One of the real pleasures of a stay at Glenburn is the food; all meals, snacks and refreshments are included in the tariff, and menus comprise a range of cuisines using fruit, vegetables, herbs and spices from the well-stocked garden. Dinners here are known for the camaraderie and conversations among guests from all around the world.
During the day, you have plenty of opportunities to burn off the calories with Glenburn’s top-notch walking guides leading nature hikes and providing a wealth of information on the plants, birds and wildlife. Tea Estate Manager Sanjay Sharma also leads guests on tours of the tea factory, including a tasting, and is incredibly informative about the process – as well as highly entertaining, with colorful stories.
Because the focus at Glenburn is on nature and relaxation, there are no televisions, phones or internet connection in any of the accommodations. But really, guests come to Glenburn to get away from all that – and there is no better place in the world to do so, nestled in the Himalayan foothills amid acres of rolling green tea gardens.
For a completely different countryside experience, head to Karmi Farm about an hour away. This organic farm has been in the Pulger-Frame family for decades, offering a basic yet comfortable homestay experience that will have you feeling part of the family within hours. Guests partake of the nearly endless opportunities for trekking and bird-watching in the mountains that offer breath-stopping vistas.
Andrew Pulger-Frame is happy to arrange all manner of hikes, from short one-to-two hour walks to all-day or multi-day treks. For the serious trekker, the Singali La route is incredible, a six day journey from the Nepal border to Rimbik with awesome views of the Kanchenjunga mountain range and Mount Everest. A shorter three day version is also possible.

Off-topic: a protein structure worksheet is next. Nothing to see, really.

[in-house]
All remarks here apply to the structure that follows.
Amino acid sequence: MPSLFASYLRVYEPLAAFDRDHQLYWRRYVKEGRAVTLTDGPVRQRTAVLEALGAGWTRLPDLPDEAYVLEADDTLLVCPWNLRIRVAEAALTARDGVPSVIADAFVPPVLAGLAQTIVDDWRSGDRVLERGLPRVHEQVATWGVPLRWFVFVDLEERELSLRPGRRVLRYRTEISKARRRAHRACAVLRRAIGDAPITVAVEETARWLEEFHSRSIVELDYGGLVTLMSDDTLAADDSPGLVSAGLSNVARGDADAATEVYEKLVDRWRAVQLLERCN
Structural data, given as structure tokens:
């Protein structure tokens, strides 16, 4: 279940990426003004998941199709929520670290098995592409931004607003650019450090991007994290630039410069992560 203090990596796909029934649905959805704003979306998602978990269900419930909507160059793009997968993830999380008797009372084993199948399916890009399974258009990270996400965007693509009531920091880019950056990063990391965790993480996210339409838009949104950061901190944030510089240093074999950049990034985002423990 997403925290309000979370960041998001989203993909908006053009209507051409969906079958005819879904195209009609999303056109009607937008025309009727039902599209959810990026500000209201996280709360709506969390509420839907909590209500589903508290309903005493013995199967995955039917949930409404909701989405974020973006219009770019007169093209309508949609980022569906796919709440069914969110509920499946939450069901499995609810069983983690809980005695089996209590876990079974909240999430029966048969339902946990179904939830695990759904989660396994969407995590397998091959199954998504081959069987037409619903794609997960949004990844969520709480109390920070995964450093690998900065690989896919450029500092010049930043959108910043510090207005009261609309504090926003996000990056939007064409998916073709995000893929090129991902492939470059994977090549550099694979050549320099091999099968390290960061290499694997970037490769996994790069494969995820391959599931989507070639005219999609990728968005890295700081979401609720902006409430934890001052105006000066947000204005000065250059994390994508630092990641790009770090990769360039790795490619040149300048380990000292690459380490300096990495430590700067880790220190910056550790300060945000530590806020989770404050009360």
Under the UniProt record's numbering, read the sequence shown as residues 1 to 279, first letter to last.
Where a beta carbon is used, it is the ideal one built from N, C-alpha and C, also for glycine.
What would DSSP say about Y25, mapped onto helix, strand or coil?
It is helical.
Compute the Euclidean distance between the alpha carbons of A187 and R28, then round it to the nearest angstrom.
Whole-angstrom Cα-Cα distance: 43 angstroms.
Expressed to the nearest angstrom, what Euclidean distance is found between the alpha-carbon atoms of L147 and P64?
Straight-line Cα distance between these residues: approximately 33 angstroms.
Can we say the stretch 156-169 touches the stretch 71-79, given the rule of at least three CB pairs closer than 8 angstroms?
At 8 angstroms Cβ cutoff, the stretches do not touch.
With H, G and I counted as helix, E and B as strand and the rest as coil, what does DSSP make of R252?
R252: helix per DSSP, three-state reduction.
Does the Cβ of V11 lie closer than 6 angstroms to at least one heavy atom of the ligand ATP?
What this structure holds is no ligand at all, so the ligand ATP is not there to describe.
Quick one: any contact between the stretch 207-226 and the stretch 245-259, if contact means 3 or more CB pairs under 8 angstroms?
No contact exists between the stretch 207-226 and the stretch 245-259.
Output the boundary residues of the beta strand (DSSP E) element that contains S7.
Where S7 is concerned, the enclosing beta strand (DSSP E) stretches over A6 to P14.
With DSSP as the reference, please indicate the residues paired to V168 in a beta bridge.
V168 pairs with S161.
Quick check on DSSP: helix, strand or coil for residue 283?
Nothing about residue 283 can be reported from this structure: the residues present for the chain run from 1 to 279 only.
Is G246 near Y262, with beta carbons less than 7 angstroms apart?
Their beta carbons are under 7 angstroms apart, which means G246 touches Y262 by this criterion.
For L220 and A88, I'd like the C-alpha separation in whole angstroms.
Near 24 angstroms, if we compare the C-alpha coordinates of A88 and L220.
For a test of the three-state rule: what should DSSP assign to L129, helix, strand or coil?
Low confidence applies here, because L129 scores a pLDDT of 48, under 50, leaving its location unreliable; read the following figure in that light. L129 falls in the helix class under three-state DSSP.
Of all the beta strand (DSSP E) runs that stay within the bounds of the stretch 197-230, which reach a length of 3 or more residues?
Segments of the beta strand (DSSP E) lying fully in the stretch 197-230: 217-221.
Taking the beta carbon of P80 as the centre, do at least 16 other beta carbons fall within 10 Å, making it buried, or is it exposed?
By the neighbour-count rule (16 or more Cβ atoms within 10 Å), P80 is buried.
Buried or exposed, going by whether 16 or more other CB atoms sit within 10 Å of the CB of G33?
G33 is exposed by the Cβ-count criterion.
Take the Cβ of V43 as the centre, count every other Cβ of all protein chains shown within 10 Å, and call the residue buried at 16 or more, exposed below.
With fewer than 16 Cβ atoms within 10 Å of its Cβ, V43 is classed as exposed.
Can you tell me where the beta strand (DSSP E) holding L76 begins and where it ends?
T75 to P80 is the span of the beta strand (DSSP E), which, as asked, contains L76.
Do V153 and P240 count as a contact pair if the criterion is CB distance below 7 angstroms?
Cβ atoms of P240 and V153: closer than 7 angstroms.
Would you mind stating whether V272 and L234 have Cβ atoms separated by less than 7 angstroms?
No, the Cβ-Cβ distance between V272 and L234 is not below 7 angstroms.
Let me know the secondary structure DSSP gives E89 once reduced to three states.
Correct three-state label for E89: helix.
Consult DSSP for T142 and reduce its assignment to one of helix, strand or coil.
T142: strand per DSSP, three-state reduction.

On my visit, one of my favorite activities was a half-day trek up to the small 17th-century Nezi Monastery. A monk’s mother unlocked the doors to let us inside, where ancient prayer books piled on top of each other beneath peeling frescoes and Tibetan Buddhist statues.
Outside the monastery, we ate a picnic lunch of delicious curried potatoes wrapped in flat bread and served on banana leaves, while our guide Hisay played a game of pick-up football with two kids.
Karmi also conducts art retreats and yoga clinics throughout the year, and houses a small medical clinic staffed by many guest volunteers who often come for weeks or months at a time. Any guest is welcome to volunteer with the clinic as it offers free and low-cost treatments to villagers, many of whom walk for hours to be seen.
On my stay I met Tom and Emily, an English couple who had been working in the clinic for six weeks. Karmi Farm is very much a part of the neighboring villages, and offers an authentic glimpse into a hill farming lifestyle that seems to be rapidly fading from our modern world.